May 16, 2024

DynamoGuard: A 10X Faster and More Performant Approach to Moderating Harmful Content

DynamoGuard: A 10X Faster and More Performant Approach to Moderating Harmful Content

Low-code tools are going mainstream

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Multilingual NLP will grow

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Combining supervised and unsupervised machine learning methods

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Automating customer service: Tagging tickets and new era of chatbots

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Detecting fake news and cyber-bullying

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There are still very few successful LLM applications in production environments today. A key barrier to production-grade AI are risks related to application compliance and safety, including harmful content. Language models have an innate risk of generating unsafe content based on their training data in response to user prompts. Regulators have already emphasized that enterprises deploying AI systems – not just the model providers – need to safeguard end-users against potential harms. For example, the CFPB remarked that “the deployment of deficient chatbots by financial institutions risks upsetting their customers and causing them substantial harm, for which they may be held responsible” and the EU AI Act states that General Purpose AI could pose “systemic risks”, including “the dissemination of illegal, false, or discriminatory content”. As enterprises increasingly seek to integrate language models into various applications and platforms – ensuring model safety is critical.

Common approaches to blocking harmful content in language model applications are: 

  1. Filtering training data: excluding harmful  content from pre-training data. While this can be effective, it cannot be used for applications relying on out-of-the-box models, such as GPT-4.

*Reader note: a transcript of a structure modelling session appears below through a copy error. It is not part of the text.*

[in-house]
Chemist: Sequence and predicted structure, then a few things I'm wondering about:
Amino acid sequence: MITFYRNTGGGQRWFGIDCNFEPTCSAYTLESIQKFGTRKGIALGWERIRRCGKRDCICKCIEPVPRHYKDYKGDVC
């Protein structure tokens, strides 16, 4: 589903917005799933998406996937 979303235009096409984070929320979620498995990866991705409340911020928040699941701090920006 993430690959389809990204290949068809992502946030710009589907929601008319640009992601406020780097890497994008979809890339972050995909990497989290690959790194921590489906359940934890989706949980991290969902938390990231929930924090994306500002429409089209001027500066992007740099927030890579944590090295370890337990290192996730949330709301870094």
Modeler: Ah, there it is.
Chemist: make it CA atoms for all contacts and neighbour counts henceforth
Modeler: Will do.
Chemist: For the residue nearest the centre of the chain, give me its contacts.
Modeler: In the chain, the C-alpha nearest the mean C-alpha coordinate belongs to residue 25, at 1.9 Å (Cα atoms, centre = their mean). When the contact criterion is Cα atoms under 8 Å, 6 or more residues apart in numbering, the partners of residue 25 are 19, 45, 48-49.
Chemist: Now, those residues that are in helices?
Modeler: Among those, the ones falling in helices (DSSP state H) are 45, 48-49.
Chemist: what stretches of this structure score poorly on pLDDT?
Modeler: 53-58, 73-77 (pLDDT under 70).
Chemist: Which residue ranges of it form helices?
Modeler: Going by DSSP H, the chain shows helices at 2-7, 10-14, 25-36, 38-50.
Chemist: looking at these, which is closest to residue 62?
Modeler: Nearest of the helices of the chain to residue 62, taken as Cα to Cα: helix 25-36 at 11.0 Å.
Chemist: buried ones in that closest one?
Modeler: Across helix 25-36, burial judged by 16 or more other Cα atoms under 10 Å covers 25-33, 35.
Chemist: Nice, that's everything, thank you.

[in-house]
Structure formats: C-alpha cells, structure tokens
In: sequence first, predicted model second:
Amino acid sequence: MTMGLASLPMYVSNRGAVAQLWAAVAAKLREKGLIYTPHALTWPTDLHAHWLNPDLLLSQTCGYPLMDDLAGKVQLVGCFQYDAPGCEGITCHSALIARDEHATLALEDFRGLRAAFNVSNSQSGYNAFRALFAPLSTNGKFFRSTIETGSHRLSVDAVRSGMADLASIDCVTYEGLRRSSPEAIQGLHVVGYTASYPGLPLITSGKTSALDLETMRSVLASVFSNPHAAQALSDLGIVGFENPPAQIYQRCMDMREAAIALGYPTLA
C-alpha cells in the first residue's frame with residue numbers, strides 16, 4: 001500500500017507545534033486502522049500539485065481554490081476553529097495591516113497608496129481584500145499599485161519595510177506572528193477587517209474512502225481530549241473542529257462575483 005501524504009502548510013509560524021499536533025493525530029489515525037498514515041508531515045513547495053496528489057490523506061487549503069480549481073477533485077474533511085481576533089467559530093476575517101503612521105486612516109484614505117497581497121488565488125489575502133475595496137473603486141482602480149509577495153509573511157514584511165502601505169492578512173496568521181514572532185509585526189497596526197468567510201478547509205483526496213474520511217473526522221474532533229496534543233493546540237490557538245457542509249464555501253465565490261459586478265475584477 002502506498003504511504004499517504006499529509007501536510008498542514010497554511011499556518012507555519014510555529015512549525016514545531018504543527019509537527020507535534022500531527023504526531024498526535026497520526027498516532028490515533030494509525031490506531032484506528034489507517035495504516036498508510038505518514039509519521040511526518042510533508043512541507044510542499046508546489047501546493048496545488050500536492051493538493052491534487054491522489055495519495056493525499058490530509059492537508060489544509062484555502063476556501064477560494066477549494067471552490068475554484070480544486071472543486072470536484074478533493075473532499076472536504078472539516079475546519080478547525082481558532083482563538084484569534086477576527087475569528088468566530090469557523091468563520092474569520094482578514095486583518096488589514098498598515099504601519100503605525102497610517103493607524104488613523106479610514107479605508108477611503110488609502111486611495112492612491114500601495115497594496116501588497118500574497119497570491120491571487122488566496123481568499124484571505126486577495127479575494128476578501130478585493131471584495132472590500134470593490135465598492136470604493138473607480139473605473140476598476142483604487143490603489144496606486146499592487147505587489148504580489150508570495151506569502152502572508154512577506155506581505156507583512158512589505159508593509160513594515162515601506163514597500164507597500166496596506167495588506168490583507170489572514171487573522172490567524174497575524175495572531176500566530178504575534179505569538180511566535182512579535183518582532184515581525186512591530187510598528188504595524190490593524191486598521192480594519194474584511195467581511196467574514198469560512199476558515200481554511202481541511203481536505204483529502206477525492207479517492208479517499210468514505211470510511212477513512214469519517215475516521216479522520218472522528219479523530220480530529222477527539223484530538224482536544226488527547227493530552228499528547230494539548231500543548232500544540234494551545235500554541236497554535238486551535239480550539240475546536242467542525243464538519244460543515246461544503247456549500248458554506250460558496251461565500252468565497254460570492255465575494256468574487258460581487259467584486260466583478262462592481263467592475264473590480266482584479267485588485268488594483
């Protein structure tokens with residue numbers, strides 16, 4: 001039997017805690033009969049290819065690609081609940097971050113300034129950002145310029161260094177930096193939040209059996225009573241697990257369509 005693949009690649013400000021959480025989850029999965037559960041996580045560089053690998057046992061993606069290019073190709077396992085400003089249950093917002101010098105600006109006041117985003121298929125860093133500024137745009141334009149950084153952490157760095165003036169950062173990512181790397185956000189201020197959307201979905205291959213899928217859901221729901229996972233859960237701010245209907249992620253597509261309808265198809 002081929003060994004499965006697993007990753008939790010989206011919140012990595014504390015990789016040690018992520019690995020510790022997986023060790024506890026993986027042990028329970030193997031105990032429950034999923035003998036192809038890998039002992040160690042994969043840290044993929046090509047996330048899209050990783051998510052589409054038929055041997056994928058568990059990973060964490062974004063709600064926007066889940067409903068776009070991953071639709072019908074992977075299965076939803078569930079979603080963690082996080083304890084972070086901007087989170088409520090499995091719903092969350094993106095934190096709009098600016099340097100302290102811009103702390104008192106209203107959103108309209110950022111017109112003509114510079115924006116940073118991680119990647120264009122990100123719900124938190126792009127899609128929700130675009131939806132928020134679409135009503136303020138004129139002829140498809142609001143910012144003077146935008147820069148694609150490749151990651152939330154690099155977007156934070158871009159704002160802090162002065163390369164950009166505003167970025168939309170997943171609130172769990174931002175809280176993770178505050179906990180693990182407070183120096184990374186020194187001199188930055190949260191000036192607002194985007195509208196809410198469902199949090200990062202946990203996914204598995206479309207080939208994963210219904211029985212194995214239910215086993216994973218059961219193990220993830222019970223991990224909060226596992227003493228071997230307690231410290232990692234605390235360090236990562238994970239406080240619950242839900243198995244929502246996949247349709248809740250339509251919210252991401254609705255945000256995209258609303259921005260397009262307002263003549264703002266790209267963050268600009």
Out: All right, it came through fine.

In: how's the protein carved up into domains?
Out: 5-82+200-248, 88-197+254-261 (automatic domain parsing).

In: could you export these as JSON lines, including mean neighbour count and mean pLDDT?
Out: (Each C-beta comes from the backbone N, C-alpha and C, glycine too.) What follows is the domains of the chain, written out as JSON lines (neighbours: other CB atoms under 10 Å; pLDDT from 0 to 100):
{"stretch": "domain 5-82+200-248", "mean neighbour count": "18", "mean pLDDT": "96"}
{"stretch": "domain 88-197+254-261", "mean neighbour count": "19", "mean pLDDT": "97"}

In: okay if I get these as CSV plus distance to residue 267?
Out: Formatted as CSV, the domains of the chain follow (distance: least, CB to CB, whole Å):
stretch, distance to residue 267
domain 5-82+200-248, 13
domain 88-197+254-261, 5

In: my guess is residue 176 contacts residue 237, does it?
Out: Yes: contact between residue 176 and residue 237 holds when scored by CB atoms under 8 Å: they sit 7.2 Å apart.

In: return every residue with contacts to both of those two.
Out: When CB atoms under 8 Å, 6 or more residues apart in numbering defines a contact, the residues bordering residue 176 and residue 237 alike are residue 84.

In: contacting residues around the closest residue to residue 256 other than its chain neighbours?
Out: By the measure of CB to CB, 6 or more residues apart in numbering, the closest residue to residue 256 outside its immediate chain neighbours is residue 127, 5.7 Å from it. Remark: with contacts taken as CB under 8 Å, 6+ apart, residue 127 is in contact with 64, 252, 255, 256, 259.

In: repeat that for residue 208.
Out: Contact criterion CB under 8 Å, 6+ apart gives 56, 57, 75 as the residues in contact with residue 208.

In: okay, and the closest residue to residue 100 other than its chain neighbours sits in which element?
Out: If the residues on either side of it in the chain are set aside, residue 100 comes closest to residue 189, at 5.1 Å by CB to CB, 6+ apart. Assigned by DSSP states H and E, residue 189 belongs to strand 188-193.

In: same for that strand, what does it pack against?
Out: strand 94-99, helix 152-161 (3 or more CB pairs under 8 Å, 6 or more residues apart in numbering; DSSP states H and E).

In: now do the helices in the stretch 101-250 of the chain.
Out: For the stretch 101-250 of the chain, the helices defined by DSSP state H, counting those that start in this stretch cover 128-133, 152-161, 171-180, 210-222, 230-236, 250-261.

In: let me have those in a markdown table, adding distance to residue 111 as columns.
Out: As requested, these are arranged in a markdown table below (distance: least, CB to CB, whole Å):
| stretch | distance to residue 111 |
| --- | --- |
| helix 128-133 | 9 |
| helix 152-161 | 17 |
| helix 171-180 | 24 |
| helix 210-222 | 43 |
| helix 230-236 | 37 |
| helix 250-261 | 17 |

2. Input Guardrails: using a secondary model to block harmful user inputs before they’re passed to the model 
  3. Output Guardrails: using a secondary model to block harmful model outputs before they’re passed to the end user

All three of these approaches rely on a harmful content detection model. However, existing industry-standard models often fail to catch real-world examples of unsafe content. For example, OpenAI’s Moderator, Meta’s LlamaGuard, and Azure’s Content Moderator all drastically underperform on real-world data (see Table 1) even though they claim robust performance on various academic benchmarks. Motivated by these challenges, we robustly benchmark DynamoGuard on real-world data, demonstrating how DynamoGuard outperforms today’s content moderation solutions on detecting harmful content, while operating at 10x lower latency and providing essential explainability capabilities to end users and compliance teams. To achieve these gains, DynamoGuard presents an enterprise-ready guardrail that adapts to the subtleties and nuances that exist in noisy real-world user conversations, driven by not only our own proprietary industry-leading safety optimizations but also with a no-code platform that integrates human feedback.